TRAC’s drayage foray
CEO Lovetro says chassis pool operator “intent on providing a broader suite of services.”
TRAC Intermodal, the largest chassis leasing company in North America, is looking to enter the drayage business.
TRAC’s fleet of 310,000 chassis is spread across the United States among 546 locations for its marine chassis and 154 locations for domestic chassis. It also runs 10 neutral pools.
“As we evolve from leasing company to a pool operator, the question is what’s the next step in the evolution?” said Keith Lovetro, the president and chief executive officer of TRAC. “We’re intent on providing a broader suite of services to our customers.”
As shipping lines have sold their chassis fleets during the past two years, TRAC has purchased about 35,000 from ocean carriers. Lovetro believes these carriers will seek to sell another 75,000 chassis in coming years.
TRAC currently has about 40 percent of the chassis fleet in North America. In its annual report, the company said there are about 740,000 of those chassis—589,000 marine and 151,000 domestic. (This excludes J.B. Hunt’s proprietary fleet of 66,000 chassis.) Last year, TRAC had revenues of $515 million, compared to $415 million in 2012.
TRAC noted the United States is the only major container market in the world in which shipping lines and railroads have provided chassis as part of their basic transportation services to their customers, but in recent years they have been transitioning to a model where the responsibility for chassis provisioning is now placed on the motor carriers.
Lovetro explained that as part of its management of pools TRAC has a constant need to shuttle chassis between locations. In the Chicago area, for example, the company has chassis at several rail ramps in locations ranging from downtown to Joliet.
From moving chassis, TRAC developed the skills to manage revenue loads, he said. Originally, the company outsourced that work, but as it became an active pool manager it developed a need for better control and built a transportation group to handle that activity.
“As we developed that competency we said, ‘well there’s really not much difference between moving chassis and controlling chassis between pools than controlling revenue loads. We’ve developed a capability; let’s leverage it into the drayage business,’” Lovetro said.
TRAC plans to use owner-operators and brokers to provide power equipment, while it will sell and manage the drayage service.
“We don’t actually plan to stop there,” Lovetro said. “Our aspiration is to provide a broader suite of services in the first and last mile to our intermodal customers.”
Instead of just hiring draymen to go from pool A to pool B, TRAC might instruct that carrier to pick up a load at a rail ramp and take it to a marine terminal or deliver it to a consignee’s distribution center.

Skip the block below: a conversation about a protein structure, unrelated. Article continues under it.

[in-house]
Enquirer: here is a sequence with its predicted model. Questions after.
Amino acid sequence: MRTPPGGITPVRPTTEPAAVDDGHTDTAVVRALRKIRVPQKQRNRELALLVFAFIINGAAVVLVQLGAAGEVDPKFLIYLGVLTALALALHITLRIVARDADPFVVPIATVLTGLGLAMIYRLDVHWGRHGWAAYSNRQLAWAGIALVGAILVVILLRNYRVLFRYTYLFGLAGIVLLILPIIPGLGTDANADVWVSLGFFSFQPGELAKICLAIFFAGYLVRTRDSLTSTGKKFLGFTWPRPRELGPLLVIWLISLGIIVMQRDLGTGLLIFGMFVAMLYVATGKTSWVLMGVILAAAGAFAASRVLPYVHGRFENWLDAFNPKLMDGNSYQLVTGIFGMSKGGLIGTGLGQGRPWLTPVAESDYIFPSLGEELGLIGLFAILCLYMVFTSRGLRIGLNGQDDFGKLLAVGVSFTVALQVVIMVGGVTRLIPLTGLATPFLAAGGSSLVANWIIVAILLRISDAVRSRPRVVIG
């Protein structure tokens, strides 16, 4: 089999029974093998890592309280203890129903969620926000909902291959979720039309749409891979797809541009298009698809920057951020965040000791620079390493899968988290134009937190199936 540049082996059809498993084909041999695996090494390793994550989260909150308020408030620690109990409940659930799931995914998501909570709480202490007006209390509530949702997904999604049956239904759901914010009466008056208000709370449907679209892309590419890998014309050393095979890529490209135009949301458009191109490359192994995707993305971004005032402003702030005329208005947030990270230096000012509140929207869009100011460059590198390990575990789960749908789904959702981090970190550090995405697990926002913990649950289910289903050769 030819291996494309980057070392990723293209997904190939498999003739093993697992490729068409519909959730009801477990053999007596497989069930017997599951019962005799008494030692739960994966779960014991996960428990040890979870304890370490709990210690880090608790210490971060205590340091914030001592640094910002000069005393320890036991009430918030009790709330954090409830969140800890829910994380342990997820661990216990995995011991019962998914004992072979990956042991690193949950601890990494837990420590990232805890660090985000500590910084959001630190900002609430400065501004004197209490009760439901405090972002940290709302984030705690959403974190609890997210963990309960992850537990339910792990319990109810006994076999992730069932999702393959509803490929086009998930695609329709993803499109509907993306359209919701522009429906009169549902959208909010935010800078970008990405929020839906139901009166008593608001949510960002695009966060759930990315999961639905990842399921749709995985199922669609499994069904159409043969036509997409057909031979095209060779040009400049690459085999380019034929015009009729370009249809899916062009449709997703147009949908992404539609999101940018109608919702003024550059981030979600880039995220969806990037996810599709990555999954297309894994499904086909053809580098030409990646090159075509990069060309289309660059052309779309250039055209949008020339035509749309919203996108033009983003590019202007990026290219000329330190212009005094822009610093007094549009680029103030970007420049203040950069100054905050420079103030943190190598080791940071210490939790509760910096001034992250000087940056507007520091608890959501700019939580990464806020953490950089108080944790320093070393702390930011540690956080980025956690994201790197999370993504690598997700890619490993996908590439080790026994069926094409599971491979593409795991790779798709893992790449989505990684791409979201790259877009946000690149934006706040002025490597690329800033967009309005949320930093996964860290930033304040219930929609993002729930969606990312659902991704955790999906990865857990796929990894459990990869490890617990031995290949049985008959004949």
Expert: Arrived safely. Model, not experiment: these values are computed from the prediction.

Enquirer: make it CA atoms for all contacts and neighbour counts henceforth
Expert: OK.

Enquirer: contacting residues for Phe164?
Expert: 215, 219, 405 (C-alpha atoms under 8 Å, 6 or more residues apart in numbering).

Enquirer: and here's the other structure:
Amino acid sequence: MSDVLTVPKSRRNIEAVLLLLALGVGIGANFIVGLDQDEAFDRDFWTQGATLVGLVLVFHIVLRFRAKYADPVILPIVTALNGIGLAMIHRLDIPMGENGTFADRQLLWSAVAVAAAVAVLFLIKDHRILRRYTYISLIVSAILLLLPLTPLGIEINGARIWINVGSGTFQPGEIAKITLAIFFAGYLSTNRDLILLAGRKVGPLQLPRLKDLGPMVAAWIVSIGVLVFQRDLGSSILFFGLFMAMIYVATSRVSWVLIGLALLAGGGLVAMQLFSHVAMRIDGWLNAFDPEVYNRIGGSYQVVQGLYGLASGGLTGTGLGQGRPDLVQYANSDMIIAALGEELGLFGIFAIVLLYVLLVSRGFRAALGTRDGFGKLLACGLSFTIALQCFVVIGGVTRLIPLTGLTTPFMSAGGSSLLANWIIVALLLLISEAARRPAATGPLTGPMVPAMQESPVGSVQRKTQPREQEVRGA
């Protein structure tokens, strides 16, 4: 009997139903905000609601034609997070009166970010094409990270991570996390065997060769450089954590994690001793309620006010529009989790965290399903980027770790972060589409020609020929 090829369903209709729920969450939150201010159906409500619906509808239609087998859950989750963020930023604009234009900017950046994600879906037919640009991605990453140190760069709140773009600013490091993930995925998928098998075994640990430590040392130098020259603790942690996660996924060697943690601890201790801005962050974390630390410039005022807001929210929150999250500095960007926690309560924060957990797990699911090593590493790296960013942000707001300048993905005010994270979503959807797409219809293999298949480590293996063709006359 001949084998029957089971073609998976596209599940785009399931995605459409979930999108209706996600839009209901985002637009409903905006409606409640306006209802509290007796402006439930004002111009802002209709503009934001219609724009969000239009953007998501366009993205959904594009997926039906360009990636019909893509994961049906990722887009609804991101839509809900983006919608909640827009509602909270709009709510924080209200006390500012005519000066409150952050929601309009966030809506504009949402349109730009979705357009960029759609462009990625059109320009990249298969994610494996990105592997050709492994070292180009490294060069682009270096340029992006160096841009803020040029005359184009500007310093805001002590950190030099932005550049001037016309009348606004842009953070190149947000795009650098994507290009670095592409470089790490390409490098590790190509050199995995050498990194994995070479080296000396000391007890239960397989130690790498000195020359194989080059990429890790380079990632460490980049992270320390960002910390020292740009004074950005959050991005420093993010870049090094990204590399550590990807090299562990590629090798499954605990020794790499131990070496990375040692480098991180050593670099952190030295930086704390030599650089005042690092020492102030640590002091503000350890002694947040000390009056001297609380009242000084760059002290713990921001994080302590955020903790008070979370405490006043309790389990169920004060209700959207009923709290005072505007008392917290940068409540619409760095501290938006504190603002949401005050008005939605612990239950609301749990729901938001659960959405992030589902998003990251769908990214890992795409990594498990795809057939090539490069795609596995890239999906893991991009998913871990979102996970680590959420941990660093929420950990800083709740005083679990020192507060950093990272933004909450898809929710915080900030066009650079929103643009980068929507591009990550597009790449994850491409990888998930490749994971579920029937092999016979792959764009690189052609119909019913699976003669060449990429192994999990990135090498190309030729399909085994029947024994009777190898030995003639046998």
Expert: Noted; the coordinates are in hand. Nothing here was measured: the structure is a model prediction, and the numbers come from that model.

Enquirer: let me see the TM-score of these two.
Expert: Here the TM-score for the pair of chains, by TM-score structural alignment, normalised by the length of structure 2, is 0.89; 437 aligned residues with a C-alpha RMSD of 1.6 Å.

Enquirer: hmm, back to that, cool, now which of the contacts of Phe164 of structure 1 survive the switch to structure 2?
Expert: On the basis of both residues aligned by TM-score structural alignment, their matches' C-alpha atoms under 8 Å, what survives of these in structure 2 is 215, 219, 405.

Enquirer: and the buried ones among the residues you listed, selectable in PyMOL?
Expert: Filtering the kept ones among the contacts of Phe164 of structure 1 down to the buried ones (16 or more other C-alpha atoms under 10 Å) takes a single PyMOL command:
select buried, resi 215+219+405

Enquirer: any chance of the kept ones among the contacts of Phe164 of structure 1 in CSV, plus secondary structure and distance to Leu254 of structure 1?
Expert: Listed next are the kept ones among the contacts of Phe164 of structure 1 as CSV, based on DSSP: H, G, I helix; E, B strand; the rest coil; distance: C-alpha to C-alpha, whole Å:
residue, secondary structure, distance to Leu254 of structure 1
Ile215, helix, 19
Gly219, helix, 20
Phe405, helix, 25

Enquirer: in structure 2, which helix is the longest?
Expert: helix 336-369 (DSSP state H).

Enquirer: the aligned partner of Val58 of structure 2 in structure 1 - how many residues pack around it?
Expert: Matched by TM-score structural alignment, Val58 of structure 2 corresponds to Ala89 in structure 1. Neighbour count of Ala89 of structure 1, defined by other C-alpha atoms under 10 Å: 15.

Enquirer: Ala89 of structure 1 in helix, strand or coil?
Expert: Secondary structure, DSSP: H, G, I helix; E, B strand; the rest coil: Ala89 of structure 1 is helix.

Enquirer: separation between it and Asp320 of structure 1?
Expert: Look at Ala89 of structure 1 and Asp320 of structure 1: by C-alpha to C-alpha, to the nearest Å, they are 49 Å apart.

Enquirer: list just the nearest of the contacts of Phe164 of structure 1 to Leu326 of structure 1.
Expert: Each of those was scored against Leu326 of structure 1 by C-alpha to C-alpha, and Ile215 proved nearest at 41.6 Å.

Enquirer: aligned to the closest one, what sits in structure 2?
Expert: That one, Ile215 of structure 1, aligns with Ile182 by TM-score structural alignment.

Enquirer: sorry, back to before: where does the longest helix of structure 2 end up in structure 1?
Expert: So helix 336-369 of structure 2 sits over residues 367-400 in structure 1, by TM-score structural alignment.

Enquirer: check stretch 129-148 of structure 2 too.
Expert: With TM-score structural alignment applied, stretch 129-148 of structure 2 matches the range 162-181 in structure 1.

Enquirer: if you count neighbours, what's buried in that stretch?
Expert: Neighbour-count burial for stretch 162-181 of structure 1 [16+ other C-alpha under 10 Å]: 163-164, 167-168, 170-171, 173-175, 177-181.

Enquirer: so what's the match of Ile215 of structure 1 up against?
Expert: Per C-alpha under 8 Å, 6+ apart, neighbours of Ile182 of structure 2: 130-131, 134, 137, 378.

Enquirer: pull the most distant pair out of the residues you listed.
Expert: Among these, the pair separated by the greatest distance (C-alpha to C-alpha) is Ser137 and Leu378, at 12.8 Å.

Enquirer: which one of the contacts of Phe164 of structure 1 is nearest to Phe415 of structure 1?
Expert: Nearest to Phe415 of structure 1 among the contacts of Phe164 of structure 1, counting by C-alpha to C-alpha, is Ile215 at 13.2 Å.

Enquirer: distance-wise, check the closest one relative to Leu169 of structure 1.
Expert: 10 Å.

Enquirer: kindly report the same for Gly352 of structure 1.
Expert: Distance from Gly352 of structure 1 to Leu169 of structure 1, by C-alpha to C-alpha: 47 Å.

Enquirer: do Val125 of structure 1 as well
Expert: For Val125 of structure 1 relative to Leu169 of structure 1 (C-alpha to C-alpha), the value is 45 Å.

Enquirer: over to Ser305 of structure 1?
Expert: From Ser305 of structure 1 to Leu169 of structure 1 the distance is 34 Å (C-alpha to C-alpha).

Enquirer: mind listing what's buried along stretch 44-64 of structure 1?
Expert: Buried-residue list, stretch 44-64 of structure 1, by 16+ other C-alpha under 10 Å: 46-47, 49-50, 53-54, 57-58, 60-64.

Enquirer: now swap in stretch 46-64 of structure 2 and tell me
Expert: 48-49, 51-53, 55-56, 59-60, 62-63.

In an interview in March, Lovetro said TRAC is bidding on several engagements with customers, but had not yet won any contracts.
TRAC’s intent is not to compete with its existing customers, he said, noting that no drayage company owns a large share of the market, so there are many opportunities where TRAC could win business and not step on the toes of its customers.
Given their druthers, he said some drivers would rather haul freight than have to become “a little business that bills consignees and coordinates loads and does other aspects of a broader business.”
He also noted many ocean carriers continue to offer drayage to shippers buying transportation to inland locations and may hire TRAC to perform that work. There are even beneficial cargo owners looking to purchase drayage who could be potential TRAC customers.
For the past year and a half, a regional group has been studying chassis operations in the Los Angeles/Long Beach region where about 40 percent of the nation’s containerized cargoes move through 13 terminals.
Home to four chassis pools the Southern California region has a “level of complexity greater than anywhere else in the country,” Lovetro said.
While the industry group has discussed moving chassis out of the marine terminals and into a gray fleet, “that’s a pretty challenging end point and it leads to potential disruption,” Lovetro said. “Today, you have basically four pools in L.A./Long Beach, so it wouldn’t surprise me if the interim solution was more of a creation of how you make the pools work together — a pool of pools… an interline agreement between those four pools.
“That would make more sense to me than trying to just tear the thing apart and build something new off-dock that is going to be very complicated,” he said.
Congestion at marine terminals and a lack of in-service chassis have also been a persistent problem in New Jersey over the past year where TRAC’s Metro pool has a 75-80 percent share. TRAC has increased the number of chassis it has at the port by 15 percent in recent months. Lovetro said a lack of sufficient longshore maintenance and repair workers has been aggravated this winter by severe weather.
Hiring International Longshoremen's Association mechanics remains complicated by a dispute by terminal operators, the ILA and Waterfront Commission of New York Harbor.
“If we had mechanics repairing in the right locations we would have those available for the trade. The second piece is because of natural imbalances in the cargo flow, we may have hundreds of them sitting in a port location that we simply… can’t get them out of,” he said.
In March, Lovetro said there were more than 1,000 chassis out of service in the port.
Last year, TRAC introduced in the New York and Savannah, Ga. markets 50 “Titan” chassis aimed at truckers who have heavy, long-distance drays. They’re equipped with radial tires, LED lights, ABS brakes and a tire inflation system. Lovetro said the company plans to roll out the product in other markets later this year.